Risk
12/17/2013
07:36 PM
Dark Reading
Dark Reading
Products and Releases
Connect Directly
RSS
E-Mail
50%
50%
Repost This

(ISC)2 Delivers Recommendations For Solving The U.S. Government Cyber Security Skills Gap Challenge

CISO-level executives from federal agencies and departments met in an effort to gain greater understanding of the underlying challenge facing the federal environment

Clearwater, FL., U.S.A., December 17, 2013 - (ISC)²® ("ISC-squared"), the world's largest information security professional body and administrators of the CISSP®, today announced a series of recommendations for the U.S. government to consider in order to more effectively solve the cyber security workforce skills gap challenge. The recommendations were delivered early this month directly to government officials at the White House, U.S. Department of Homeland Security, U.S. Department of Defense, and National Institute of Standards and Technology, as well as members of academia and other influencers within the federal workforce community.

As supported by data from the 2013 (ISC)2 Global Information Security Workforce Study, the known gap between the supply and demand for qualified information security professionals around the world has become acute. Over half of U.S. government survey respondents said the greatest reason their agency has too few information security workers is because business conditions can't support additional personnel at this time. Yet, other experts around the world claim the problem of the skills gap lies primarily with the difficulty in finding qualified personnel and funding challenges.

During the 10th anniversary gathering of (ISC)2's U.S. Government Advisory Board for Cyber Security (GABCS), (ISC)2 officials led a discussion with former and current board members representing CISO-level executives from federal agencies and departments in an effort to gain greater understanding of the underlying challenge facing the federal environment. As a result, (ISC)2 developed a series of recommendations that address the following topics:

· ensuring security in the cloud, software, and the supply chain;

· establishing a cyber "special forces" team;

· aligning existing workforce programs such as the Scholarship for Service (SFS) and Centers for Academic Excellence (CAE) programs to the NICE Framework;

· implementing the DoD 8570.01-M model across all government agencies;

· assigning accountability for information security failures to mission and business owners, and recognizing successes, among other recommendations.

"Based on our research, 61% of U.S. government information security professionals believe that their agency has too few information security workers to manage threats now, let alone in the future. Yet, information security positions are going unfilled," says W. Hord Tipton, CISSP, executive director of (ISC)2 and former CIO of the U.S. Department of Interior. "Our goal in delivering these recommendations to key influencers is to help the U.S. government close the workforce skills gap and to strengthen information security via avenues such as existing frameworks, the acquisition process, and personal accountability, among others."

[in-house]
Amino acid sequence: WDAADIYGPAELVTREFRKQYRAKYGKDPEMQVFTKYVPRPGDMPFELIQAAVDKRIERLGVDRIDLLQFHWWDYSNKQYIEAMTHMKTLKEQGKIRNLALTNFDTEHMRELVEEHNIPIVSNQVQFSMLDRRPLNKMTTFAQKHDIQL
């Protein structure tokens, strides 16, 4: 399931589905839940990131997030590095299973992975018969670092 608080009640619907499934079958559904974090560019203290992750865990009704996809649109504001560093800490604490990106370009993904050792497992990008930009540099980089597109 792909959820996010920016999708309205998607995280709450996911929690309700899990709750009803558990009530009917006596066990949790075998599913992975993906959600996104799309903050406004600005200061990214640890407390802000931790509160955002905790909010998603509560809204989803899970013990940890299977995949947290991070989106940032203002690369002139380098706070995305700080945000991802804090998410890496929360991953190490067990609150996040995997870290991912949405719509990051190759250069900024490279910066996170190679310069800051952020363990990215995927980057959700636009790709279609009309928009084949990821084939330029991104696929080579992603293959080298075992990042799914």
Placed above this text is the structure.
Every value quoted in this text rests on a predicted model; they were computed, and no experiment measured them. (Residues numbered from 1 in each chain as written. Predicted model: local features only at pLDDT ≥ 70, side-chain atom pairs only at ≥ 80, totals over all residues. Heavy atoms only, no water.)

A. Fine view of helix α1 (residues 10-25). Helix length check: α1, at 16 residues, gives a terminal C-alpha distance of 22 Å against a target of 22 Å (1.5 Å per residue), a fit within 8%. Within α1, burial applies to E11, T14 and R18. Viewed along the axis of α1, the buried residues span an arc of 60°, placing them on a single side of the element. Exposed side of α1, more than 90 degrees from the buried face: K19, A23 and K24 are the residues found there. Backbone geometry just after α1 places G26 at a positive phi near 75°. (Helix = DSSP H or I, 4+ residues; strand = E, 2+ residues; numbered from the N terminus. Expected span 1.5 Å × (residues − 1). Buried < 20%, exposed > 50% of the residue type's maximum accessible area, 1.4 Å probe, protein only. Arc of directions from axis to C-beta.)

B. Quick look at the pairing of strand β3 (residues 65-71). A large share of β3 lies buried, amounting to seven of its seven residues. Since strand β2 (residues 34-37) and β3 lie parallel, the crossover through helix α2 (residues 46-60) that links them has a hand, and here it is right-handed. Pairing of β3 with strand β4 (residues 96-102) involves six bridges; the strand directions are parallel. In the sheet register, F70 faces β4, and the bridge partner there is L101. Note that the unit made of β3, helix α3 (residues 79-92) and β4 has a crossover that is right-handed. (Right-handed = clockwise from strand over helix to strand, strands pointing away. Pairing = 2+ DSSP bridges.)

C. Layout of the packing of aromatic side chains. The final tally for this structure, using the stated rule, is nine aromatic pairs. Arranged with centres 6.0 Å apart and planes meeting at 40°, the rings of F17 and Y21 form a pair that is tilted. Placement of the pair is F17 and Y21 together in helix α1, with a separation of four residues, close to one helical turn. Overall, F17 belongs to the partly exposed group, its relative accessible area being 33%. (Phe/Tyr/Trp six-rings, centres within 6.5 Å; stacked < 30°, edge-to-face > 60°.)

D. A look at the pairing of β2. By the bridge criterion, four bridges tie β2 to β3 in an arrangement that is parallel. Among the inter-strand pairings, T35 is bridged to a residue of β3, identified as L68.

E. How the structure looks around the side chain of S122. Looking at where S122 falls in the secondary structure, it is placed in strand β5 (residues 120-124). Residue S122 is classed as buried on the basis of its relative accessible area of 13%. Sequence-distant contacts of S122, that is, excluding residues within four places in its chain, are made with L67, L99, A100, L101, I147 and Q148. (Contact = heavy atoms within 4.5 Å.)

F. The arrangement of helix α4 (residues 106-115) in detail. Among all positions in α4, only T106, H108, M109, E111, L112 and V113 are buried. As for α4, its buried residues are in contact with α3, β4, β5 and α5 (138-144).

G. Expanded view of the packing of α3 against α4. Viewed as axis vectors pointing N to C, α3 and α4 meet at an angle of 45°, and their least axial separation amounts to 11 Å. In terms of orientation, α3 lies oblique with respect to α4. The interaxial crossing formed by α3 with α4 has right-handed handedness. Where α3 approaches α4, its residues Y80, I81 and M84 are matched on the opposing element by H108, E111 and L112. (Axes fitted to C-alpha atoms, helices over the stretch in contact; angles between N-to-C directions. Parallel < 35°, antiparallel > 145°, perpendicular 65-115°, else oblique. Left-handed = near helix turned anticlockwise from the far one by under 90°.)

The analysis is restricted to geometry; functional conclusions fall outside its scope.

For a copy of the letter sent to members of the U.S. government information security community that includes a complete list of (ISC)2's recommendations, please visit https://www.isc2.org/government.aspx.

Comment  | 
Print  | 
More Insights
Register for Dark Reading Newsletters
White Papers
Cartoon
Current Issue
Video
Slideshows
Twitter Feed
Dark Reading - Bug Report
Bug Report
Enterprise Vulnerabilities
From DHS/US-CERT's National Vulnerability Database
CVE-2012-3946
Published: 2014-04-24
Cisco IOS before 15.3(2)S allows remote attackers to bypass interface ACL restrictions in opportunistic circumstances by sending IPv6 packets in an unspecified scenario in which expected packet drops do not occur for "a small percentage" of the packets, aka Bug ID CSCty73682.

CVE-2012-5723
Published: 2014-04-24
Cisco ASR 1000 devices with software before 3.8S, when BDI routing is enabled, allow remote attackers to cause a denial of service (device reload) via crafted (1) broadcast or (2) multicast ICMP packets with fragmentation, aka Bug ID CSCub55948.

CVE-2013-6738
Published: 2014-04-24
Cross-site scripting (XSS) vulnerability in IBM SmartCloud Analytics Log Analysis 1.1 and 1.2 before 1.2.0.0-CSI-SCALA-IF0003 allows remote attackers to inject arbitrary web script or HTML via an invalid query parameter in a response from an OAuth authorization endpoint.

CVE-2014-0188
Published: 2014-04-24
The openshift-origin-broker in Red Hat OpenShift Enterprise 2.0.5, 1.2.7, and earlier does not properly handle authentication requests from the remote-user auth plugin, which allows remote attackers to bypass authentication and impersonate arbitrary users via the X-Remote-User header in a request to...

CVE-2014-2391
Published: 2014-04-24
The password recovery service in Open-Xchange AppSuite before 7.2.2-rev20, 7.4.1 before 7.4.1-rev11, and 7.4.2 before 7.4.2-rev13 makes an improper decision about the sensitivity of a string representing a previously used but currently invalid password, which allows remote attackers to obtain potent...

Best of the Web